I was wandering around the village and saw women doing farm work and building houses. Usually those types of jobs in Nepal were considered men’s work. I asked my guide why and he told me that those women were widows. Their husbands were expedition staffs and had died in an avalanche when summiting the Everest. 

Fortunately, women living in this village are able to learn essential skills to make a living and they help each other.

Women living in the developing countries, such as Nepal, have little or no education, no land rights or independent income. They are voiceless and they need help. I was really touched to see how strong those women are and how they support each other to survive. It’s not an easy job for them. 

After seeing the world, I truly wanted to find a way to help those in need. 

Travel Her Way has built the Care Her Way program to launch different charity projects. I am currently working with a local NGO, Volunteers Initiative Nepal, to develop a charity trek that will combine the Everest base camp trek and women-empowerment volunteer program. 

Volunteers will teach Nepalese women different kinds of skill sets and knowledge, including life skills, leadership skills, English speaking, and women’s rights. We are also trying to support local children’s education. For every trek group we bring to Nepal, we will cover a year’s of education for one child.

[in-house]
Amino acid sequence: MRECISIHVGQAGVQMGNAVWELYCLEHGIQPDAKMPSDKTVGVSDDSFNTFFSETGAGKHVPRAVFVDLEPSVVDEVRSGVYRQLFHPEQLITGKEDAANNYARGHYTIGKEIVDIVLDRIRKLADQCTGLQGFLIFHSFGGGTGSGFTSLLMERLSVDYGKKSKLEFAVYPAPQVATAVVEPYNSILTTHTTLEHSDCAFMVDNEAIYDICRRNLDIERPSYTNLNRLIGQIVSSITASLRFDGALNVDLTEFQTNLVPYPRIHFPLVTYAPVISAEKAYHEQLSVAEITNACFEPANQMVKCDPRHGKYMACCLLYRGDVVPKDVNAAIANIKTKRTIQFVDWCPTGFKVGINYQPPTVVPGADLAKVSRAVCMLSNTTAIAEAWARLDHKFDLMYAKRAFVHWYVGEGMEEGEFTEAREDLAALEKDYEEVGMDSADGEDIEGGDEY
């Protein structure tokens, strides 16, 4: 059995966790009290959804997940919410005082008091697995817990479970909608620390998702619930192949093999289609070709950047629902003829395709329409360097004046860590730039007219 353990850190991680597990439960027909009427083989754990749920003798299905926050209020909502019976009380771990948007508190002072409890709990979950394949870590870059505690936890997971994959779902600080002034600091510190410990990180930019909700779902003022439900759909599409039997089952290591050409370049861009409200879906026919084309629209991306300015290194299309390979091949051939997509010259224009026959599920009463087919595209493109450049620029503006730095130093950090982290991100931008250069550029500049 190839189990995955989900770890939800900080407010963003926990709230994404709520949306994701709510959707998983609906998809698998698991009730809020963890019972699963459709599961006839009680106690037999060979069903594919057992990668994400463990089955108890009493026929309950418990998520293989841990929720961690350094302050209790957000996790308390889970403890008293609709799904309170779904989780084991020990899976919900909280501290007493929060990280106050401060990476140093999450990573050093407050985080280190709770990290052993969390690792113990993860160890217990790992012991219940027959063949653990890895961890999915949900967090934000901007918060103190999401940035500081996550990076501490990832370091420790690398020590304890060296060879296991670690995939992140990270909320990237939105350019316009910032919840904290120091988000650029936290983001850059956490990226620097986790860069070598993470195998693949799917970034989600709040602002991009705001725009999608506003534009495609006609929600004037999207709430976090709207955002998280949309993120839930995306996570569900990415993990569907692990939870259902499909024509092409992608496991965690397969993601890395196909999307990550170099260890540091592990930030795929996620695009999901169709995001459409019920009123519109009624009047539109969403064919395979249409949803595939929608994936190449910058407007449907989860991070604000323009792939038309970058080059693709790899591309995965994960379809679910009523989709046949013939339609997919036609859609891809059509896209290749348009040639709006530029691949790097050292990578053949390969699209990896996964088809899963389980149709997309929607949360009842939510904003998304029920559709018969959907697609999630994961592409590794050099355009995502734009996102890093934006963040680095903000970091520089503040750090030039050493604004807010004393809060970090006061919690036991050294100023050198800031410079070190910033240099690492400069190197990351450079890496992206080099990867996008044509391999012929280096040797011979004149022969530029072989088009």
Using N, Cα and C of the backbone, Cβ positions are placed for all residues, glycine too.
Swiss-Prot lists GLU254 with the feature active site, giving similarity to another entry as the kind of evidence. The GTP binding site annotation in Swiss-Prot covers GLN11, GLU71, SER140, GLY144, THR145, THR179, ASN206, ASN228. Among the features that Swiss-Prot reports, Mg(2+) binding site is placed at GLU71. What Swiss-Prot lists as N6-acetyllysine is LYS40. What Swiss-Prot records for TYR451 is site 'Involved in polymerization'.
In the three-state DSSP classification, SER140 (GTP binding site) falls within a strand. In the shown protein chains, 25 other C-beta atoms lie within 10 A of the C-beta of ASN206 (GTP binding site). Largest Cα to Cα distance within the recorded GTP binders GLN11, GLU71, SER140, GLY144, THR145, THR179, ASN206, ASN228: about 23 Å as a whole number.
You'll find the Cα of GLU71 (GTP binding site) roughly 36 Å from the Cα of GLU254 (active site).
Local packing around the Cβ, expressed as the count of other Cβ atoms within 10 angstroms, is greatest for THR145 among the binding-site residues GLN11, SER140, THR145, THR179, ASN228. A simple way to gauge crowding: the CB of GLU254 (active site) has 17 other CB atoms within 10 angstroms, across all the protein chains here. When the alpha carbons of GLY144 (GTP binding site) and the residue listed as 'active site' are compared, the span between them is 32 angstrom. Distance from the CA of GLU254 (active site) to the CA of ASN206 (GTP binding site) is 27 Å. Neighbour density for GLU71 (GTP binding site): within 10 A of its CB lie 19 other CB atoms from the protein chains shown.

V: Sometimes the most intimidating thing about travel is traveling alone. As women, why should we not let this hold us back from experiencing life overseas?

Jodi Wei: When I excitedly announced that I had quitted my job and was going to travel solo around the world for a year, everybody thought I was out of my mind. My friends started to tell me horror stories about how dangerous the world was - kidnap, rape, human traffic, etc. 

Plus I have never traveled alone before, people thought I would not be able to accomplish my trip. Even my husband believed that it was a mission impossible and I would return home in one month. However, 14 months later, I visited 27 countries and 7 continents and successfully accomplished my dream to travel around the world.

I am not going to lie. It was not all fun traveling solo. 

You will feel lonely and sad at times; you won't have your loved ones to take care of you when you were sick; and sometimes you will receive unwanted attention in places where your physical appearance is different. However, none of those should stop you from traveling.